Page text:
Well, that was over quickly. I got to my first trial day as a magician's assistant and discovered that he thought he was going to start my training by locking me into a cabinet I'd never seen before and letting me find my own way out (no), and that he thought that not only was he allowed to paw me whenever he wanted without my leave, but that it was necessary for a working relationships (hell no).

So, no, I do not work for a magician now. At least not that one.

On the other hand, I did confirm that my working knowledge of stage magic is still fine. He sent me off to watch David Copperfield's "Origami" trick, which I'd never seen before, and tell him how it worked. Evidently he was amazed at how simple it was when he saw the plans for it, once upon a time. It didn't look that complicated to me in the first place. Anyone else has a guess, feel free to leave it in the comments. The YouTube resolution is crap and doesn't help, but you can figure it out without HDTV.

(I signed a three-sentence NDA to get into his workshop in the first place that was so vague as to be legally unenforceable, but I'm a sport and I won't tell you how any of his stuff worked; on the other hand, I signed no such thing for David Copperfield, or anyone else on TV, so have at. If you want to work them out the same way I did, I got my initial education in serious stage magic from the Big Secrets series of books by William Poundstone, when I was a wee nipper rummaging through my parents' bookshelves for summer reading. I've read a lot of things since then, but Poundstone provides a surprisingly good, if also very snarky, rundown of the basic principles of illusion in the chapters on famous magicians.)

Mr. Magician seems to have made the decision that I worked for him and was going to listen to him the second he got me on the phone. He was surprised and displeased when I crossed my arms and refused to get into the goddamn trunk. The other assistant assured me that it was simple to figure out once you were inside -- which I knew; none of these things are complex to operate, because you have to be able to do it very quickly in order to make the trick look smooth on stage -- but fuck if I was going to set a precedent like that. He kept trying to explain his point of view. I told him I was well aware of his point of view, but that his options were to tell me how it worked before I got in, to send me home and let me figure it out on my own time, or to hire someone else.

I let him talk at me for another hour or so -- he was paying me for my time, to his credit -- but resolutely stayed out of the trunk. It crossed my mind to wonder how many girls would have caved just to make him stop rambling. I recognized that if he wanted me to start that quickly, he obviously needed an assistant way more than I needed another job, but I don't know if everyone else notices things like that.

(Also, for the record, the second anyone says the words 'I don't want you to feel pressured' to me in a conflict like this, the first thing I think is 'horsefeathers'. If you don't want me to feel pressured, you'll either concede on the spot or table it and talk about something else. He was trying to make me make a decision right that moment, and he was trying to make me fear that if I didn't agree to what he wanted I'd lose the job/the money/his approval. Fuck that.)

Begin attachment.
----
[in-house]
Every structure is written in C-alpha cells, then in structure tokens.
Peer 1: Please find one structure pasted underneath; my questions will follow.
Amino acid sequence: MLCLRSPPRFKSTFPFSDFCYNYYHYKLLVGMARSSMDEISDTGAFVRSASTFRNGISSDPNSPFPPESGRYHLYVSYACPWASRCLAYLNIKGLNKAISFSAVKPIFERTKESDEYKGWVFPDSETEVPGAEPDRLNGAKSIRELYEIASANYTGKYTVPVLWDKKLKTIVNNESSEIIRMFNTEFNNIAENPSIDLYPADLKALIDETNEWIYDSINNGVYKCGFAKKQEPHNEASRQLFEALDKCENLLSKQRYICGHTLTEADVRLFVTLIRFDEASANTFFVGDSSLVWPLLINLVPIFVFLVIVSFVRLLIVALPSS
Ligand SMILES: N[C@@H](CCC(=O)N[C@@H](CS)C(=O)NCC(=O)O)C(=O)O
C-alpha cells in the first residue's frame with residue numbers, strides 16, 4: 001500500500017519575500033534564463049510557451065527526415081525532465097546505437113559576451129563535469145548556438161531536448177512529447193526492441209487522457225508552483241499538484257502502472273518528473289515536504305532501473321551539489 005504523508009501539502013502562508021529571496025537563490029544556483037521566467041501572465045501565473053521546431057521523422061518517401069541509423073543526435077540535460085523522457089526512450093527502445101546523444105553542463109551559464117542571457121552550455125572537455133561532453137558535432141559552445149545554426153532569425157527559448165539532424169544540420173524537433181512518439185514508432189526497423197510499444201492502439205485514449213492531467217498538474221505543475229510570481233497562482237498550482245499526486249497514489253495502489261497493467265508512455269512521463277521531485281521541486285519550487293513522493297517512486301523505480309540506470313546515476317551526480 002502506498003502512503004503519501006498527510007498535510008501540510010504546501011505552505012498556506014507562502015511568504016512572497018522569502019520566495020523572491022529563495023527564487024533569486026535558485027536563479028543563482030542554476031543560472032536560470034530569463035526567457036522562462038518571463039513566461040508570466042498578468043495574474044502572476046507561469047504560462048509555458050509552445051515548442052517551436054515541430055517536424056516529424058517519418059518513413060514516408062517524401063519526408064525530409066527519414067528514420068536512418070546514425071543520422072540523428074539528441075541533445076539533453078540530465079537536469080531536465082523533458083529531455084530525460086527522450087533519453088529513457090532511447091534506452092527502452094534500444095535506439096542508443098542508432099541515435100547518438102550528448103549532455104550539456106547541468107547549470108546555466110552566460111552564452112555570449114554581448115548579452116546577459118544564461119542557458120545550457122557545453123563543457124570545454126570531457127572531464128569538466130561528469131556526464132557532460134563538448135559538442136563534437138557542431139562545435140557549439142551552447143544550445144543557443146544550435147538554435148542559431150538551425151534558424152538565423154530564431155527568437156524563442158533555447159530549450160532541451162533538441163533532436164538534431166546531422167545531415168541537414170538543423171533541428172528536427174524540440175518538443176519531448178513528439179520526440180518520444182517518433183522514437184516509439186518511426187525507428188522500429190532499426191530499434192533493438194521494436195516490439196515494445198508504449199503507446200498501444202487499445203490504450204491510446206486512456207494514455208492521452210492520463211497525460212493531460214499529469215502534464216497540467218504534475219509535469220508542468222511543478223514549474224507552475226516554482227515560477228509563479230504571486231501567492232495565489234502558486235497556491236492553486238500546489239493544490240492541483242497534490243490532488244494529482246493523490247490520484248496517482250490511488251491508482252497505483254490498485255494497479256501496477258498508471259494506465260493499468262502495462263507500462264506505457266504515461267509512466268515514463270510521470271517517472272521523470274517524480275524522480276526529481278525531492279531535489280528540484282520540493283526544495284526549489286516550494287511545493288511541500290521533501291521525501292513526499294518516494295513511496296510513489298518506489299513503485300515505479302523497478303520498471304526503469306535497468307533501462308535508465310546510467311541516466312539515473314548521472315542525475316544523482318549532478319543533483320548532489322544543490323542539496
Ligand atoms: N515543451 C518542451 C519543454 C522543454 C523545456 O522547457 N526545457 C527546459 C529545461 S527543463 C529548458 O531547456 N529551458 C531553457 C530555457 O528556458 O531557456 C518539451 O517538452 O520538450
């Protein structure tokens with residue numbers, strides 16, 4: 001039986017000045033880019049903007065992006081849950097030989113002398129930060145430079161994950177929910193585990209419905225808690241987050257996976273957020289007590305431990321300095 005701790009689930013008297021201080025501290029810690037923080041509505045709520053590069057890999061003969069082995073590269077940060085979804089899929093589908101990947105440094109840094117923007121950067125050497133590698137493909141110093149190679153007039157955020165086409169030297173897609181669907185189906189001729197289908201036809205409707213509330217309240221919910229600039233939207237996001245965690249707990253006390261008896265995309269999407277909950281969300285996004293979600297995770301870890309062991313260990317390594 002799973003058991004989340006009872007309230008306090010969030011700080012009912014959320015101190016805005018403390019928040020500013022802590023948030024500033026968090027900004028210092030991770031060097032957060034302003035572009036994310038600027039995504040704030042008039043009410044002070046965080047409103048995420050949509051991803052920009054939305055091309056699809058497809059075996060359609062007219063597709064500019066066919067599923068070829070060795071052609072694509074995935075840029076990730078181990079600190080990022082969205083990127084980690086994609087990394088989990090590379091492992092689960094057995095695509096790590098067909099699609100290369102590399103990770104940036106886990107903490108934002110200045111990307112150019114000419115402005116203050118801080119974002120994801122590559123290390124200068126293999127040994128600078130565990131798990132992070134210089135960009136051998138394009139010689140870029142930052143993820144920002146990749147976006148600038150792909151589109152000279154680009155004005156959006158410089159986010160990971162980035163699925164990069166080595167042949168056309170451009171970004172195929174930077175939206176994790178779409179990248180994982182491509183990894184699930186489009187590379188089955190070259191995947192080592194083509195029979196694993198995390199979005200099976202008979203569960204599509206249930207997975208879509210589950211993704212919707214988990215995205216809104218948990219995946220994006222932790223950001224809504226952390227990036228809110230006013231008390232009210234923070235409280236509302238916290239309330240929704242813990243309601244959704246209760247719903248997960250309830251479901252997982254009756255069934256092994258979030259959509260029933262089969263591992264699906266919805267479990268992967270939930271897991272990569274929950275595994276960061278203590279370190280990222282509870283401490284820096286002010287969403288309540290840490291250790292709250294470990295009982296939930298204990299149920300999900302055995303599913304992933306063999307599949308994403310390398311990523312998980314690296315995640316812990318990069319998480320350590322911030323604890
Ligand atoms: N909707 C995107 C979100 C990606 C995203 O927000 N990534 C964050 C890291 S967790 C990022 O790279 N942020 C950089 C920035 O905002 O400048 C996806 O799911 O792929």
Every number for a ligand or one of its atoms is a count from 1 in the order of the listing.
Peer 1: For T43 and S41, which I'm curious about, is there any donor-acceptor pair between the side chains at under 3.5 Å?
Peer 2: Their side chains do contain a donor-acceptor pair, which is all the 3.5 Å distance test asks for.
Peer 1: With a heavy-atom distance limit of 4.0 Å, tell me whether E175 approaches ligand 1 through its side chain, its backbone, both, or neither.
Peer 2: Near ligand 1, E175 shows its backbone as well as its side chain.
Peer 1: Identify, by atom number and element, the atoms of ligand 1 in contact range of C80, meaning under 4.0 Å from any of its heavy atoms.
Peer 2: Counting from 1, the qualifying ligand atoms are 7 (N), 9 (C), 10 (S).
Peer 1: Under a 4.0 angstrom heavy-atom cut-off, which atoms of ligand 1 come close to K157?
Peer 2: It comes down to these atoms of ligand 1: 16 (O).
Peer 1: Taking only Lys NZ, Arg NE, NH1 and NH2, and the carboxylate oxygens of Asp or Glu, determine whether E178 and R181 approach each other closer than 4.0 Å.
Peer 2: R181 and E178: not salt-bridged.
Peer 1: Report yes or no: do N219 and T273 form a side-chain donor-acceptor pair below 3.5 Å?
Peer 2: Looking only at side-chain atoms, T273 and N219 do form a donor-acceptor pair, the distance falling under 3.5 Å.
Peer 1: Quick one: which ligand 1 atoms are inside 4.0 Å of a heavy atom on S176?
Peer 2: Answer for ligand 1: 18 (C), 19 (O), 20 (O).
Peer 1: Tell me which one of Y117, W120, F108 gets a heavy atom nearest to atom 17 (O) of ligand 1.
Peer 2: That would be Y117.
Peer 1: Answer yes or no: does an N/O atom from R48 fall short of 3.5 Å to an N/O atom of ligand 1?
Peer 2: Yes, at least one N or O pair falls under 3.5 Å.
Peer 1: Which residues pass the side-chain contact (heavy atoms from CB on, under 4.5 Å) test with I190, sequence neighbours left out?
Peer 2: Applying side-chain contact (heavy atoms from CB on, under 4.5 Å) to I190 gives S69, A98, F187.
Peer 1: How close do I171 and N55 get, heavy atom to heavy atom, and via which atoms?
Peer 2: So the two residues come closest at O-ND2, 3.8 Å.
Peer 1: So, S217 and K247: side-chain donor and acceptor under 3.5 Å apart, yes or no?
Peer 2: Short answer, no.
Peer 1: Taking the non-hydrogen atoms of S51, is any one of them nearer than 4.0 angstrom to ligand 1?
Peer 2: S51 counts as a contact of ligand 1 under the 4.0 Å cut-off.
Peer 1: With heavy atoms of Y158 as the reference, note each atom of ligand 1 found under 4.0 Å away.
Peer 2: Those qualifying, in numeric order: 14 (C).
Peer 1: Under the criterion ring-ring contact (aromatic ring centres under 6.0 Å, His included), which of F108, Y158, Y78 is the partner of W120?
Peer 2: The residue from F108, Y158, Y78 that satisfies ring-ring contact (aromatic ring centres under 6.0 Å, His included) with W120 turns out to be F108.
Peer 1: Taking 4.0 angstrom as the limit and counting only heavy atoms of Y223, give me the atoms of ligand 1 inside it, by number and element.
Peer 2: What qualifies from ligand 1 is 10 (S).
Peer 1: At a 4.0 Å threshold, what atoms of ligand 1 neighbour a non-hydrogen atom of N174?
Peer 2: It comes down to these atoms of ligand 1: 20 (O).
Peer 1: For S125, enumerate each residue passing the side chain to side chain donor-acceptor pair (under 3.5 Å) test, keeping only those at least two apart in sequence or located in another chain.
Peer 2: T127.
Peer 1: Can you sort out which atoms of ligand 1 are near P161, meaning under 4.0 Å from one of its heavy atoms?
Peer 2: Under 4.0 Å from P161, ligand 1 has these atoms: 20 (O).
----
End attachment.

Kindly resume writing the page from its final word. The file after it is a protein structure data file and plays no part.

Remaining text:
I also recognize that I have the advantage of being Very Very Scary. I try to come off as friendly and easy-going and reasonable, because mostly I am, but I'm also aware that even when I succeed at that, people detect an undercurrent of formidable that I couldn't do anything about even if I wanted to. When I put my foot down, people generally notice that, whatever one of my talents or qualities they're trying to get access to, I have enough of it that I always have the option of walking away and using it on behalf of someone else.

They are under the impression that there tends to be a line for this sort of thing, and they are generally correct. Don't think for a second I don't understand why I've been allowed to grow such colossal bunny ears, or why nobody has made any serious efforts to lop them off. A large part of it is that I don't use the weirdness punitively -- I'm not House, thanks -- but it helps when the trade-off for 'does not do mornings' is 'turns in brilliant work via email at 3am'.

Sometimes they try to play chicken on the basis of finances. That used to work, but when I moved across the country I decided that I would rather starve than take a job that destroyed my mental or physical health. You won't give me paying work unless I put up with this thing that will make me miserable and land me in the ER again? Okay, hire someone else.

Unfortunately, this kind of exploitation is rampant in the entertainment industry. One of the reasons I didn't do much commercial work out west is that the two major markets there are Los Angeles and Las Vegas, and if you want to be treated with basic human respect even when you're low man on the totem pole, those are not the places you go. I still don't have an exclusive agent, because I will not work unless I retain the right to walk away from anyone who thinks their money buys them the right to treat me badly.

Comments

  1. Sorry to hear that. Maybe his leaping to hire you over the phone was based on nobody who knew him being willing to get near him.

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    1. Entirely possible. I've had it happen before with perfectly lovely people and jobs, though. It's a running theme. I apparently strike people as hypercompetent to the point where they are confused if I tell them I don't know how to do something.

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